Aids conference: US aids plan at odds with treatment for all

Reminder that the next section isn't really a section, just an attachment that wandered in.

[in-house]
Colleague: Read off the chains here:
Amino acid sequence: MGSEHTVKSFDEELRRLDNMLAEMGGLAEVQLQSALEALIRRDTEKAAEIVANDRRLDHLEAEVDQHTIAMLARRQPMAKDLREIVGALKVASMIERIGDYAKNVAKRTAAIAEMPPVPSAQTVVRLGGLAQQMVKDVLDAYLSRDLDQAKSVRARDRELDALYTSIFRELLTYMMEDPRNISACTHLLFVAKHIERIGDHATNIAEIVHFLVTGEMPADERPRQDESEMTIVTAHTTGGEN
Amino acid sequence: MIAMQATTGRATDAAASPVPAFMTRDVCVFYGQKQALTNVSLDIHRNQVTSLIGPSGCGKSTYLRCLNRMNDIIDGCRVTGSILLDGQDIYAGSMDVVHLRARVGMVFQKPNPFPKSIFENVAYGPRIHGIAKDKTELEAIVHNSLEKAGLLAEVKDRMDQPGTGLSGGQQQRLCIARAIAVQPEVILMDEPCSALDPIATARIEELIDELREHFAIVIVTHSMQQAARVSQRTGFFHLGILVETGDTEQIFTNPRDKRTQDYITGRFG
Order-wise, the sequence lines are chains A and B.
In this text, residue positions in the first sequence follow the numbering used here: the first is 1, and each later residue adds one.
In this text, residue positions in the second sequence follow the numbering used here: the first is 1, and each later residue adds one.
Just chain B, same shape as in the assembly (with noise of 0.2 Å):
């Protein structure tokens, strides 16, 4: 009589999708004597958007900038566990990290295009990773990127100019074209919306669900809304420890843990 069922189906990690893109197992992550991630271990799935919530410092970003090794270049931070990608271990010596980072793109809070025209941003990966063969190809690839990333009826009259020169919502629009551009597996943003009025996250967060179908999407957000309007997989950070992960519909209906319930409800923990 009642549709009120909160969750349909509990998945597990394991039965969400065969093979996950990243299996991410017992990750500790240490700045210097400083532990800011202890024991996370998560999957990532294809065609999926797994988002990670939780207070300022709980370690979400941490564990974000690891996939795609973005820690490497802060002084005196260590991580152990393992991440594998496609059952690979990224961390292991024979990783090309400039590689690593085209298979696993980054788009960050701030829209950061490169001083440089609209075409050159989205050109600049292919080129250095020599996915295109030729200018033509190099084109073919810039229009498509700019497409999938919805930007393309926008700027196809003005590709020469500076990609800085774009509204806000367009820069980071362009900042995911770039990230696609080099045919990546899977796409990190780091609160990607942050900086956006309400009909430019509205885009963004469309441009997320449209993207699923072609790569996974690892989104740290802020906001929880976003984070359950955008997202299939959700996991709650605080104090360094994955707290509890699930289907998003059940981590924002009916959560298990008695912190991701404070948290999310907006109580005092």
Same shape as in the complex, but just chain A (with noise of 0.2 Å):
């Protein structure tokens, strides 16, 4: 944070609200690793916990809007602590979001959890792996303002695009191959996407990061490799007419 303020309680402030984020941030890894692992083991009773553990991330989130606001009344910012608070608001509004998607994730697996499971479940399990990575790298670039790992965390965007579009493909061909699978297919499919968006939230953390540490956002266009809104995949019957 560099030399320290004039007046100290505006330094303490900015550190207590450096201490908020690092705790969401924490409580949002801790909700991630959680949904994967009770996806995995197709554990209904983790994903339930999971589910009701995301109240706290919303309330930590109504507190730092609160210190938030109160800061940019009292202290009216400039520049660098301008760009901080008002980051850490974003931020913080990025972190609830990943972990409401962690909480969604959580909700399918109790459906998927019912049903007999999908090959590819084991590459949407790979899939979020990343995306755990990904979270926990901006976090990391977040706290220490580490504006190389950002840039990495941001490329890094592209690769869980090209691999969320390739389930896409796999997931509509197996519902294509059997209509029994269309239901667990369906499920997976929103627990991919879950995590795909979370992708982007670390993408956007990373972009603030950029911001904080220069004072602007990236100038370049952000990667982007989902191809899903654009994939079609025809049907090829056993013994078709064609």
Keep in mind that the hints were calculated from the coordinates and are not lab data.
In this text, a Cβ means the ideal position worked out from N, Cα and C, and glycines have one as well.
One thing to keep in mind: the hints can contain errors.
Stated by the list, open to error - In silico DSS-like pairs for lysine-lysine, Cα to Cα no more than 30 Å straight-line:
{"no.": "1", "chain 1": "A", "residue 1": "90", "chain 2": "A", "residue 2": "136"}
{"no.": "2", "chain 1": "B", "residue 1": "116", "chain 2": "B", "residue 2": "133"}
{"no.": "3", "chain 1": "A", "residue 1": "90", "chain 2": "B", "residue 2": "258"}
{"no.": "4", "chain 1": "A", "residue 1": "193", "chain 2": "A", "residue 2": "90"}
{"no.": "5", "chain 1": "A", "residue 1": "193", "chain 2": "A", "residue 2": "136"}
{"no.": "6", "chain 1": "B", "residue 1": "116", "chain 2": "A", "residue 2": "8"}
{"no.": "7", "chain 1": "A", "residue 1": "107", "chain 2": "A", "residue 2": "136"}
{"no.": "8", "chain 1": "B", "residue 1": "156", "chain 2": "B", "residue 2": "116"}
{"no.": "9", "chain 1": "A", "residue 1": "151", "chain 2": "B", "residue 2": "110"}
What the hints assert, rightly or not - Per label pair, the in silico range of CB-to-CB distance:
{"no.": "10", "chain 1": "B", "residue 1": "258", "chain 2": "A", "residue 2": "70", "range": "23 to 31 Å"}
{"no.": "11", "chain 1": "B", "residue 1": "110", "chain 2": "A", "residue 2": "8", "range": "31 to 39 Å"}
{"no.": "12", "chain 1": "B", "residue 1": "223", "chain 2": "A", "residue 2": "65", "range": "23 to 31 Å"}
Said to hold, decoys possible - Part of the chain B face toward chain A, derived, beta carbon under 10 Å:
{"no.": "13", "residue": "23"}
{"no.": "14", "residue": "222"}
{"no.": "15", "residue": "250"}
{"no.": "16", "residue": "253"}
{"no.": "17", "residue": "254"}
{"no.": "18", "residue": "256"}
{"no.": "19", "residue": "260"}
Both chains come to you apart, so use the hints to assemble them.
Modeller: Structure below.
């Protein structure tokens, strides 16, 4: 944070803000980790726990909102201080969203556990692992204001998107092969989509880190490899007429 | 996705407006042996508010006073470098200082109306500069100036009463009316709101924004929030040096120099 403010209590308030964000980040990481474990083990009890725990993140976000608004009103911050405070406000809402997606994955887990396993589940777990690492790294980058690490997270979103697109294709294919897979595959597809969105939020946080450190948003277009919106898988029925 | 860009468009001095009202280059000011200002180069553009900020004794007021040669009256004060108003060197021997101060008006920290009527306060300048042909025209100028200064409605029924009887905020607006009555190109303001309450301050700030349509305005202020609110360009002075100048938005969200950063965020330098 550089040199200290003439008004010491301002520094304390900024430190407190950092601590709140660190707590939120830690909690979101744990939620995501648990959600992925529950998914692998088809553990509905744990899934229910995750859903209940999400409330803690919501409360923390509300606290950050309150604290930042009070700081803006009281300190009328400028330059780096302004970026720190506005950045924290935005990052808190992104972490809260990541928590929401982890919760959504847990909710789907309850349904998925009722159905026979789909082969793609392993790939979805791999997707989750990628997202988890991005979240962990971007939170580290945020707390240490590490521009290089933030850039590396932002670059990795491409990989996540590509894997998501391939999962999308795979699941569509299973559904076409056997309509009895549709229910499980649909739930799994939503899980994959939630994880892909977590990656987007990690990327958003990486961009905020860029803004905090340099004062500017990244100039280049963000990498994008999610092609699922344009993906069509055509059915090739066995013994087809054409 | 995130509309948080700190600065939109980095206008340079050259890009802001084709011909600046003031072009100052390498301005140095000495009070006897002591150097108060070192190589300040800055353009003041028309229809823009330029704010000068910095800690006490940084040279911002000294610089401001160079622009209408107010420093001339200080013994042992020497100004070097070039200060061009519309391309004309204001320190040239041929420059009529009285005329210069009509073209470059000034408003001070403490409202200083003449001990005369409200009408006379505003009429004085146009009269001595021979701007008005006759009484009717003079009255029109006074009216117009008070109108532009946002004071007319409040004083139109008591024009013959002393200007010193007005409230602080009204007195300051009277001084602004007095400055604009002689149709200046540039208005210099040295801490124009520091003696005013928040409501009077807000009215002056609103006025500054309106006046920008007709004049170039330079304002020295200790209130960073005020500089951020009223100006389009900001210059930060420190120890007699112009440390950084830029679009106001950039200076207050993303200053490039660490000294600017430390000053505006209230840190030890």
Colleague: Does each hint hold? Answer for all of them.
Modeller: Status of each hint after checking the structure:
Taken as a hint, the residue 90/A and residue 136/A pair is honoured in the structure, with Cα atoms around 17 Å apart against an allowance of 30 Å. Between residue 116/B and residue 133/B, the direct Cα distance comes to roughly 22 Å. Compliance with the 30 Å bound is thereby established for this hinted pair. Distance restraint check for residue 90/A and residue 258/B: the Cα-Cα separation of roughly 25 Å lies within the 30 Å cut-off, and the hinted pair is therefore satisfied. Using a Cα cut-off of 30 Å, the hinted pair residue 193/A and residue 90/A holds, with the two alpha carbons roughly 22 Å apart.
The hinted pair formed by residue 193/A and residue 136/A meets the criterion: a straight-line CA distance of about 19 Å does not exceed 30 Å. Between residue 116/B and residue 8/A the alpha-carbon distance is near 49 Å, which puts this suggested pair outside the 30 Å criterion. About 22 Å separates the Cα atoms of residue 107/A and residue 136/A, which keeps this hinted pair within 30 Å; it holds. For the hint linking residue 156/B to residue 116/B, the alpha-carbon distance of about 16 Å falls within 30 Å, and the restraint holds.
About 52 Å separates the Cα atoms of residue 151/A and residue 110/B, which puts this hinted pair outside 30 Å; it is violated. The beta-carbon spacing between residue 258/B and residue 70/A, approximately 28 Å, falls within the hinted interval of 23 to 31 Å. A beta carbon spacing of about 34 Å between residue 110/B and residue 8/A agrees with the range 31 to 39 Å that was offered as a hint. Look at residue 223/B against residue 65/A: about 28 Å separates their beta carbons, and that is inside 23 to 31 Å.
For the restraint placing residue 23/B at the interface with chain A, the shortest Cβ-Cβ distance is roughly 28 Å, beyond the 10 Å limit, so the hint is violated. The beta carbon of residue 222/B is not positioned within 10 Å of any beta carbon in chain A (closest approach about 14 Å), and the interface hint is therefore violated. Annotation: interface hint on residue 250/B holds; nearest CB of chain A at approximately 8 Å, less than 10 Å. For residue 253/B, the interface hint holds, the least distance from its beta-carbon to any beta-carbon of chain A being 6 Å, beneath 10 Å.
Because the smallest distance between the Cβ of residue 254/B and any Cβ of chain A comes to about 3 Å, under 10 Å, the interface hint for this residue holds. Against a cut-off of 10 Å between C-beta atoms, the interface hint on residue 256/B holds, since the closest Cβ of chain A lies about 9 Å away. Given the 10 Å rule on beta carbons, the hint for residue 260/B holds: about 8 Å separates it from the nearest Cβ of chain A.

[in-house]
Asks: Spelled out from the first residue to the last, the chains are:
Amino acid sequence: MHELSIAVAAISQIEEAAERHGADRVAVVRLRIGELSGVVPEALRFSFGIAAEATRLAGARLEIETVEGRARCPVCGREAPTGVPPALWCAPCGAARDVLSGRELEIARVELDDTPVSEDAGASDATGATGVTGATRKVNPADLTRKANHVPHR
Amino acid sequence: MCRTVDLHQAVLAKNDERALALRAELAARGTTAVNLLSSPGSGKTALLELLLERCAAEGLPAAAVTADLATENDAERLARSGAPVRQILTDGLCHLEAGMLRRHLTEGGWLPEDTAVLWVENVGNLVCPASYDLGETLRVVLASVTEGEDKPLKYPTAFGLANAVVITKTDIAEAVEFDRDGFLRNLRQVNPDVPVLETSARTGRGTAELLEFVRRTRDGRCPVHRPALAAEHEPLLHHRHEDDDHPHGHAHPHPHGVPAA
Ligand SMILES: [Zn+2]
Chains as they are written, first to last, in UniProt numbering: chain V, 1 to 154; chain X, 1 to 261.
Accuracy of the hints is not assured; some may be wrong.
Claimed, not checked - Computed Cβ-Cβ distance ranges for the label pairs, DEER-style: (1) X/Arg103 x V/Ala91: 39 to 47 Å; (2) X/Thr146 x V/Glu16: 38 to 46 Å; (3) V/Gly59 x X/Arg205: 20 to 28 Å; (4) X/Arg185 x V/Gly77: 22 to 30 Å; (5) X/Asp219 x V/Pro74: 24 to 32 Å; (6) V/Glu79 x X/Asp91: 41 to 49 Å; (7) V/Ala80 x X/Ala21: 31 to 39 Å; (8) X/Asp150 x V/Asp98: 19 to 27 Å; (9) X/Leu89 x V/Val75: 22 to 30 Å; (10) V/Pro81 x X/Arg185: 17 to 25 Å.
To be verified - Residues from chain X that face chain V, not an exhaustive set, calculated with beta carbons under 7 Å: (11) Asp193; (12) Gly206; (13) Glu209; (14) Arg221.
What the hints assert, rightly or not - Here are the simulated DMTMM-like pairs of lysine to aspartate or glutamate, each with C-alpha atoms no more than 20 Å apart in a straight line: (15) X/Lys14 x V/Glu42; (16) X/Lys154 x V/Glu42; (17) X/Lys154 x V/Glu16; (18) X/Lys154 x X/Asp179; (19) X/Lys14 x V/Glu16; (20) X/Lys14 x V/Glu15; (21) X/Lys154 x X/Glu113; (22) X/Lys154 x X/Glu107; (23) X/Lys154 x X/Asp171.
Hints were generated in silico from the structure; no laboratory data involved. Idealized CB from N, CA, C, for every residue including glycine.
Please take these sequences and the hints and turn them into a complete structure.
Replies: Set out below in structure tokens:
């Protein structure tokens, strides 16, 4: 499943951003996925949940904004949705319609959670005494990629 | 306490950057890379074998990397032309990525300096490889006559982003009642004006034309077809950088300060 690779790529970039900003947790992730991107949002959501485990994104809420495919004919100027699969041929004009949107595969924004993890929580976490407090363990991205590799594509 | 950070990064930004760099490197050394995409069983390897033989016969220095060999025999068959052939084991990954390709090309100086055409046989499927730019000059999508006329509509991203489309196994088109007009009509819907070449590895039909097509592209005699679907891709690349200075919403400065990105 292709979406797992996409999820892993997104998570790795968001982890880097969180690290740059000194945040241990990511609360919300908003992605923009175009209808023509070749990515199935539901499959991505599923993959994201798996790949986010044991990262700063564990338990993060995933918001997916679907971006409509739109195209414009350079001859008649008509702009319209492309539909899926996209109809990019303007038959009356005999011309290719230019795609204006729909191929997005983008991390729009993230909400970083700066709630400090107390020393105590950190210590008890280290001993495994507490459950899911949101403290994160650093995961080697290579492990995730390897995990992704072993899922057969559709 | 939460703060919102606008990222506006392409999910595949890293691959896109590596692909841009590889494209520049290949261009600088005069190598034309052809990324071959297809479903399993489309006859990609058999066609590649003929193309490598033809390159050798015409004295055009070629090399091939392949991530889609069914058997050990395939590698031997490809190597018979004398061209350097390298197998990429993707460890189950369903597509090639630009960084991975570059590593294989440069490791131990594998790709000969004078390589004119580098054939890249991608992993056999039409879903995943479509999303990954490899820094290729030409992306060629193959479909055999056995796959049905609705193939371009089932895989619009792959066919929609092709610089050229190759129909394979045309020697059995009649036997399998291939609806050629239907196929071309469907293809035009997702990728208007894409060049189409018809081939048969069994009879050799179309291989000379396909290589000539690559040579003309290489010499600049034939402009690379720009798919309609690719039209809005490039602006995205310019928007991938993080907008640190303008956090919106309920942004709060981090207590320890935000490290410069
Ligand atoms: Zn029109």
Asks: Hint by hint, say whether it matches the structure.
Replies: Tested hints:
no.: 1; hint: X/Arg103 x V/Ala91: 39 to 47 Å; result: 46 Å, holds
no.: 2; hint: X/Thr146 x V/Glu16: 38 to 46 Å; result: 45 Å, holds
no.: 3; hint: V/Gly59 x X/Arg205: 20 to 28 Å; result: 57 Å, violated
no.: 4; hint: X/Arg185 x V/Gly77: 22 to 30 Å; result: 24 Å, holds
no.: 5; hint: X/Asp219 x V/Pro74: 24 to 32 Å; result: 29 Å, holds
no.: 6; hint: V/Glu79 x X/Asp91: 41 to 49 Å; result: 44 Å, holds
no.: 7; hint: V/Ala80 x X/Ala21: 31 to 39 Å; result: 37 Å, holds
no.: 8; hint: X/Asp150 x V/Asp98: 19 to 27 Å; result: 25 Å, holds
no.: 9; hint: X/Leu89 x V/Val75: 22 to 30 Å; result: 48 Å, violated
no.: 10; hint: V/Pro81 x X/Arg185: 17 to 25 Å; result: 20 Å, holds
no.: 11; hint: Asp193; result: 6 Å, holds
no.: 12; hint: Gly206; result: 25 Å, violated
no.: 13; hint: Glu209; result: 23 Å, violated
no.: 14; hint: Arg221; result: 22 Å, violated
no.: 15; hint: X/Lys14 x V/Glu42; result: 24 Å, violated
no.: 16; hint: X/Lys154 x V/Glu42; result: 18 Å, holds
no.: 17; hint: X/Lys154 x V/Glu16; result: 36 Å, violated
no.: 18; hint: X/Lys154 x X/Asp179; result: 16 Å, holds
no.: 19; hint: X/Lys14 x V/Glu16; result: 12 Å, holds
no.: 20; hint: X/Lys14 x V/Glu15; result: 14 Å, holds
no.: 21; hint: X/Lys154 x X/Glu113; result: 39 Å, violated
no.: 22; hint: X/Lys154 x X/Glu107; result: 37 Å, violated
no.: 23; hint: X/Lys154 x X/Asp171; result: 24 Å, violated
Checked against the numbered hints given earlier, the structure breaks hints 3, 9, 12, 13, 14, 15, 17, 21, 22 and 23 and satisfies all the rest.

AFRICA: BANGKOK SUMMIT REVEALS US AIDS PLAN AT ODDS WITH "ACCESS FOR ALL" FOR IMMEDIATE RELEASE Contact: Andre Banks 202-546 7961 Bangkok Summit Reveals US AIDS Plan at Odds with "Access for All" US AIDS Coordinator Put on Defensive at International AIDS Conference Wednesday, July 14, 2004 ( Washington, D.C.) - As 15,000 scientists, policy-makers, advocates and People Living with HIV/AIDS gather in Bangkok for the 15th International AIDS Conference, a rising chorus of critics are challenging the strategy of President Bush’s Emergency Plan for AIDS Relief (PEPFAR). Randall Tobias, US Global AIDS Coordinator, and other US officials in Bangkok are facing daily protests in Bangkok on issues ranging from the purchase of generic drugs through the President’s AIDS Plan to its highly controversial focus on abstinence-based prevention programs. "The international community has come to Bangkok under the banner of ‘Access for All’, but all too often the Administration’s AIDS plan is undermining this critical goal," said Salih Booker, Executive Director of Africa Action. "Blocking the purchase of cheap drugs for those in need, forcing trade agreements that hinder African countries’ ability to respond to the AIDS crisis, and channeling US funding into a cumbersome bureaucracy are key obstacles to an effective global response to the AIDS crisis." This week Kofi Annan, Secretary-General of the United Nations criticized the stingy US commitment to the Global Fund to Fight AIDS, Tuberculosis and Malaria, which is widely acknowledged to be the most important multilateral vehicle in the fight against HIV/AIDS. Annan urged Washington to show the same commitment to the fight against HIV/AIDS as the 'war on terror'. Also this week, French President Jacques Chirac described the Bush administration’s bilateral trade negotiations as "tantamount to blackmail," referring to continued US pressures that undermine African countries access to generic drugs. Representative Barbara Lee (D-CA), an Africa Action board member and the only member of Congress attending the International AIDS Conference, took a tough position on the controversial question of prevention: "In an age where five million people are newly infected each year and women and girls too often do not have the choice to abstain, an abstinence until marriage program is not only irresponsible, it’s really inhumane." The International AIDS Conference, held every two years, is a key forum for policy-makers, civil society leaders, People Living with AIDS, and scientists to discuss critical developments in the field of HIV/AIDS. The conference in Bangkok also serves as an opportunity to debate and critique current strategies to fight AIDS around the world. At present, more than 42 million people worldwide are living with HIV/AIDS, almost 30 million of these in Africa. Less than 2% of people living with HIV/AIDS in Africa have access to life-saving medicines. "In Bangkok, the US government has shown itself to be completely out-of-step with the growing international consensus on AIDS funding, treatment, and prevention," Booker added. "Millions people living with AIDS in Africa and their advocates demand support for the Global Fund. They demand access to cheap, generic drugs that can treat 4 times as many people - not expensive, brand name medicines from Bush’s drug company patrons. And they demand prevention policies that are proven and that address the specific needs of women - not policies that play to the conservative right in the US." The conference in Bangkok ends on Friday, July 16.